Turn around while standing on one forearm.

Put yourself in a side plank position by lifting your body off the ground.

For 20 to 30 seconds, raise your top leg and hold it there, or raise your legs repeatedly until the timer goes off.

Execute one to two sets on each side.

Pelvic tilt


To build up your abdominal muscles, practice the pelvic tilt several times per day. Lay on the ground on your back with your knees bent. By contracting your abdominal muscles and slightly raising your pelvis, you can flatten your back against the floor.

Maintain for up to 10 seconds.

Start with five repetitions and increase to 10 to 20.



Swimming works your heart and lungs incredibly well without putting too much strain on your joints.

Swimming or aqua aerobics classes are good postpartum exercises because they are gentle on the body after delivery and help postpartum women add muscle tone.

The pool should be avoided, though, until any postpartum bleeding has stopped and any scarring from a cesarean operation has healed.



Yoga encourages relaxation in the post-birth whirlwind while assisting in the strengthening of core muscles and the prevention of back pain, which is why many postnatal women find it helpful.

postpartum yoga is a great way to regain strength in specific areas, like your core muscles. It’s also a good time to put your energy into yourself and connect with other mothers.

You can even bring your baby to yoga classes. Find the best mother and child exercise classes here, or use an app like TruBe to arrange for a private yoga instructor to visit you at home.


Pilates for Pelvic Health
Pilates for Pelvic Health

Pilates targets the muscles that typically weaken during pregnancy, making it one of the most effective prenatal and postnatal exercises.

Pilates is non-impact, compared to other forms of exercise, which lowers the risk of injury. As a result, it’s not only healthy and advisable physically, but knowing that you’re exercising safely can also help to lower anxiety and reassure you during classes.

Due to the intense concentration and immersion required by Pilates, which is a highly focused form of exercise, there are additional mental and emotional advantages.

Gentle weight training

Gentle weight training
Gentle weight training

Lightweight exercise is a great postpartum activity because it tones your muscles and strengthens your core, but make sure it’s safe with your doctor first.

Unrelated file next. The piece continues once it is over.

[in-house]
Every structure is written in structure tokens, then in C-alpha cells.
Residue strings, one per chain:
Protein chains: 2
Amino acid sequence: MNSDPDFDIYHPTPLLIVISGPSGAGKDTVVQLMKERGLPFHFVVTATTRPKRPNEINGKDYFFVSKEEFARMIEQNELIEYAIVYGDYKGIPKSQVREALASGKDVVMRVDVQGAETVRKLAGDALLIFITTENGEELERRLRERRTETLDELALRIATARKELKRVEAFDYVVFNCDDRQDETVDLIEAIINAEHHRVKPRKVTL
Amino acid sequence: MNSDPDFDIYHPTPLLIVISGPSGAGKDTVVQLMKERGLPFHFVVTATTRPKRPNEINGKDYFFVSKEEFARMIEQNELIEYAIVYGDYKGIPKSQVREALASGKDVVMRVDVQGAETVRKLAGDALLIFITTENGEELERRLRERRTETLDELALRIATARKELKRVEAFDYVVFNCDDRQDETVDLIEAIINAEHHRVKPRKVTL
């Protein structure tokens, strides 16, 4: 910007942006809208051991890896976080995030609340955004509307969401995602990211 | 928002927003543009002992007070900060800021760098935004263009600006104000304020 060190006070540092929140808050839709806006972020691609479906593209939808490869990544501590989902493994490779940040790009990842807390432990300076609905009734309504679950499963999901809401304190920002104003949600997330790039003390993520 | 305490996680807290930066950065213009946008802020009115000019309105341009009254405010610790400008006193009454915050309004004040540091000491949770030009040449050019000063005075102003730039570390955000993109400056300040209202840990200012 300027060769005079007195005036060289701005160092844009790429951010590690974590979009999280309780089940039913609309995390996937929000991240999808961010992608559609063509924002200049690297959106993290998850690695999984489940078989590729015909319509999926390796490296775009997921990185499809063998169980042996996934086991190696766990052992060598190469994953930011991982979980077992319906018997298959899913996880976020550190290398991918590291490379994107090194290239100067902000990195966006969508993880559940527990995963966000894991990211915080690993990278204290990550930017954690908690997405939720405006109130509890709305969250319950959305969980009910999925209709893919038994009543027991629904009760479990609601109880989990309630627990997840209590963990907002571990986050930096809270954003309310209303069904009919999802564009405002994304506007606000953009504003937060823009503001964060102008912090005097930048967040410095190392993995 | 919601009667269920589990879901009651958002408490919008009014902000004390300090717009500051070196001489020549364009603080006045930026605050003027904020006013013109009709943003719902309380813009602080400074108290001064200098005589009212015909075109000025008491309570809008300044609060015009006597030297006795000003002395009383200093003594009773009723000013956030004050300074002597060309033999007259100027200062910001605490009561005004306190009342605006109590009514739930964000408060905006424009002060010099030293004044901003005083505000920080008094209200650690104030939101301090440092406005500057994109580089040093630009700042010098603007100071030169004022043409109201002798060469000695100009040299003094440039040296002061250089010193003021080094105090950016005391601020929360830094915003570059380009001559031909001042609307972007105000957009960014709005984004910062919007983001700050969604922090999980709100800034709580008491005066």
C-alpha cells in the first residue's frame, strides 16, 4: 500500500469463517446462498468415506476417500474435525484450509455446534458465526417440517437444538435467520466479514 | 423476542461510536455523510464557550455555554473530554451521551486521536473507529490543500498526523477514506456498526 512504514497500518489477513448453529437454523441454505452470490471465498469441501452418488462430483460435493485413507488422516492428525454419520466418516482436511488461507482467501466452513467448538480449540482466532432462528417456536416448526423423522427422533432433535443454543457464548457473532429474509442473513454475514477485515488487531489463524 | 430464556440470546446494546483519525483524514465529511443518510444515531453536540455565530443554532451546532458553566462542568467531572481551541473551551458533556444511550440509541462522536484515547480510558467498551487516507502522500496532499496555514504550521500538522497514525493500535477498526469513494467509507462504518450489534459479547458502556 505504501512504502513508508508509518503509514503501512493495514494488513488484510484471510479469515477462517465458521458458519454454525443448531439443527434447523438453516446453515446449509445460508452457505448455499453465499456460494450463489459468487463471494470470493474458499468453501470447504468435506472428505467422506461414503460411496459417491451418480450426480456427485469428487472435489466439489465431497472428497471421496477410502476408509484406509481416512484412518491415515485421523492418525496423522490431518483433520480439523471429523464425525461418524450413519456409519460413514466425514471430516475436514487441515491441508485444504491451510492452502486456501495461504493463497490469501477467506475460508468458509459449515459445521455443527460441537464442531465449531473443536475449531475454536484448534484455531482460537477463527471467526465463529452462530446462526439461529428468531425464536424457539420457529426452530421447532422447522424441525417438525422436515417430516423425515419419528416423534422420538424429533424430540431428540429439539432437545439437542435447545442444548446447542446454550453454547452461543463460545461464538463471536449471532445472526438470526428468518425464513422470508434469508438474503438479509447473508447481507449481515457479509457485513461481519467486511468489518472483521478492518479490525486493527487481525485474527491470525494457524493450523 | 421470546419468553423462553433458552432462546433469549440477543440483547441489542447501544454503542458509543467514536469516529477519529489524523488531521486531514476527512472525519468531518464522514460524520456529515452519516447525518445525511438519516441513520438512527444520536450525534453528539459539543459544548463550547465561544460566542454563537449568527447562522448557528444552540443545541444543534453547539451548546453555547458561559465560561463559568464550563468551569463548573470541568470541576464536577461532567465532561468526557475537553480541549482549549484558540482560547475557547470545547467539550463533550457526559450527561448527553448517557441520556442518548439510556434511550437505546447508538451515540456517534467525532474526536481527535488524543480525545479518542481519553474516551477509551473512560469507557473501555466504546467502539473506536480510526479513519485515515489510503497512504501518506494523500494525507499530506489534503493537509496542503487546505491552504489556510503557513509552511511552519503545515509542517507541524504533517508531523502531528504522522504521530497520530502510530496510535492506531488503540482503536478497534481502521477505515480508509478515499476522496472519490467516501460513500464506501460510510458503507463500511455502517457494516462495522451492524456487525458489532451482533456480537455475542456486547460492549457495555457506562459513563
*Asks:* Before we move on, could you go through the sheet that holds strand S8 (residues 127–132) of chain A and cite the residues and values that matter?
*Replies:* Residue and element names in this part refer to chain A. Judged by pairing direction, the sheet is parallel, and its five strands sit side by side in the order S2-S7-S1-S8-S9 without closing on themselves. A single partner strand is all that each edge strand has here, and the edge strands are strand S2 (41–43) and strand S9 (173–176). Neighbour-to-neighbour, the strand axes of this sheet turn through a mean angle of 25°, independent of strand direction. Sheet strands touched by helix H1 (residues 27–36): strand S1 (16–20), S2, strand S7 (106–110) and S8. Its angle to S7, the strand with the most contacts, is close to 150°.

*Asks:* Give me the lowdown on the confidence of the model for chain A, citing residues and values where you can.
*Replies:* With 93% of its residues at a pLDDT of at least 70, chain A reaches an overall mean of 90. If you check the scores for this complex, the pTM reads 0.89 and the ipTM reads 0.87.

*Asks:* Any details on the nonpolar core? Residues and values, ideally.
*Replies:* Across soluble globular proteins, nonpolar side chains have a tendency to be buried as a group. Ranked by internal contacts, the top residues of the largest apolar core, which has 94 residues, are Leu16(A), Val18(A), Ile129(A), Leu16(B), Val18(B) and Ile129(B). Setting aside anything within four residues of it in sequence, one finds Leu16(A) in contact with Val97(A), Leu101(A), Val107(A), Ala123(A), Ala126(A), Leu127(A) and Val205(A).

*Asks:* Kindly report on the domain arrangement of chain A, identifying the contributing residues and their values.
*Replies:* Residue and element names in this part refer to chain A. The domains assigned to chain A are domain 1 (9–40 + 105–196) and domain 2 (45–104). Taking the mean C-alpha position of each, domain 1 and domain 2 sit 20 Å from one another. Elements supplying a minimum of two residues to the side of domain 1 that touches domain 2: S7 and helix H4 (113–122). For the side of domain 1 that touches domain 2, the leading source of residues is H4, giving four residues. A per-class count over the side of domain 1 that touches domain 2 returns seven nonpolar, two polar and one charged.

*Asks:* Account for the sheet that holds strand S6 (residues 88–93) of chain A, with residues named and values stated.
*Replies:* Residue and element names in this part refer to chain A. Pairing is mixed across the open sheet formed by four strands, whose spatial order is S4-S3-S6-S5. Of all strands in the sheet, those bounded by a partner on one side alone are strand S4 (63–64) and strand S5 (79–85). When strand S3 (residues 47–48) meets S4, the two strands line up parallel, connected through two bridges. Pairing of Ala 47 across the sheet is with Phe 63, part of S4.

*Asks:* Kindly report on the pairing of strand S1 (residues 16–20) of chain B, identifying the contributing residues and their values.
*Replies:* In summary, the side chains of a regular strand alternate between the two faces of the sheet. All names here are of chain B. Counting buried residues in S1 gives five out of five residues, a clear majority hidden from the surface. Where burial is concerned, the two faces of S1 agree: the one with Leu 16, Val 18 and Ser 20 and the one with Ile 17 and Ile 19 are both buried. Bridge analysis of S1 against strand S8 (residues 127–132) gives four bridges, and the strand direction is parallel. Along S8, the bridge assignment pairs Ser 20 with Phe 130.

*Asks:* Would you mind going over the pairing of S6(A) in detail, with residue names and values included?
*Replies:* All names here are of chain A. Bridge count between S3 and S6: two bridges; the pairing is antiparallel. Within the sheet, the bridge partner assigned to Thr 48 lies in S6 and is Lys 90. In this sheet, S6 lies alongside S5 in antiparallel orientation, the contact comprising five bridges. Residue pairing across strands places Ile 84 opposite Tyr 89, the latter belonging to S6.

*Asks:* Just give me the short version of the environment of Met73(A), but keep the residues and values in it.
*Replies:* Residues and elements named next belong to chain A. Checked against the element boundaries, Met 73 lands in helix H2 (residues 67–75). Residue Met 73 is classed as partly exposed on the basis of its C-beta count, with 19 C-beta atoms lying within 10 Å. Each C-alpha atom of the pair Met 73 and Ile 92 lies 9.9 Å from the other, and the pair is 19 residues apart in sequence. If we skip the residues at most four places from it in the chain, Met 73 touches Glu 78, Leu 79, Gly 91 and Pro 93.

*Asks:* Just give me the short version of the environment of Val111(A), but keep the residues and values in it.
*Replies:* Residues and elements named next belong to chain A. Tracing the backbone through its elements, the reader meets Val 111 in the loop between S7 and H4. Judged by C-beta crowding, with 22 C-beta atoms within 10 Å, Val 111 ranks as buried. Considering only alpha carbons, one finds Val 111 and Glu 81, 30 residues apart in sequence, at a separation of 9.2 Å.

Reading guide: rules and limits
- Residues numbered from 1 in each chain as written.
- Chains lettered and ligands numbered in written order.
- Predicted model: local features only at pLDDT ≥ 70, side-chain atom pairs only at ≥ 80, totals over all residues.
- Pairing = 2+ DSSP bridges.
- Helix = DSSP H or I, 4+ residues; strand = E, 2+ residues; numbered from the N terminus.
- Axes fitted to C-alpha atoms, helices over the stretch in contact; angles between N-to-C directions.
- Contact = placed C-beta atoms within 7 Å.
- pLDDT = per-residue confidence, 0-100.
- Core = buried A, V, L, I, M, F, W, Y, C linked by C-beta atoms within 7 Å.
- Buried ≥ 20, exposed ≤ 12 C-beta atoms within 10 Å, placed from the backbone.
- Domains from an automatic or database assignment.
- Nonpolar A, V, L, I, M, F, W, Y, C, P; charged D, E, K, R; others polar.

Work your way back to using the heavier weights you previously used by beginning with lighter weights.

Exercises should be carried out at a controlled tempo as this is our go-to method for teaching movement and instilling good form. Take five to six seconds to lower and five to ascend a weightless bar, for instance. You’ll discover that without loading the bar, you can maintain your strength while enhancing movement quality and body composition. Squats are an example of a comprehensive movement that can help strengthen the body properly and even work to reverse abdominal diastasis recti.

Light cardio

Light Cardio
Light Cardio

Effective postnatal exercise includes light aerobic activity.

For women who did not engage in an intense fitness regimen prior to becoming pregnant, brisk walking is the best option because it is gentle but keeps you in shape and healthy without jarring your knees and ankles. If you can, try to walk briskly for 30 minutes four times per week; adding a pram push is an added bonus.

Other excellent postnatal exercises include group classes like cycling, Zumba, or dance, which can help you burn calories and raise your heart rate.

Where to get help

  • Your doctor
  • Your midwife
  • Physiotherapist

Things to remember

Before beginning any postnatal exercise program, always check with your doctor or midwife.

You’ll have more time to yourself as your baby settles into a predictable routine, so don’t be too hard on yourself if your exercise plans fail.


Any postnatal exercise program should always be started after consulting with your doctor or midwife.

If your exercise plans fail, don’t be too hard on yourself; as your child settles into a routine, you’ll have more time to yourself.


  1. <strong>What is the best exercise for postpartum?</strong>

    Yoga, water aerobics, walking, swimming, and other exercises are all suitable for postpartum exercise. Stretching and low-impact aerobic exercises are frequently best for beginners. The elliptical machine, stair climber, and stationary bike at the gym are additional suggested low-impact options.

  2. <strong>Why is exercise important after delivery?</strong>

    Postpartum exercise is essential for all women since it not only aids in physical health recovery but also improves mood, sleep, decreases stress levels, and lowers the risk of postpartum depression.

  3. <strong>What are the aims of postnatal care?</strong>

    The experts will check your baby for these anomalies during your postnatal care and give you advice on the best course of action and early treatment. Additionally, they will keep an eye out for any complications related to childbirth or medical error and promptly make any necessary corrections.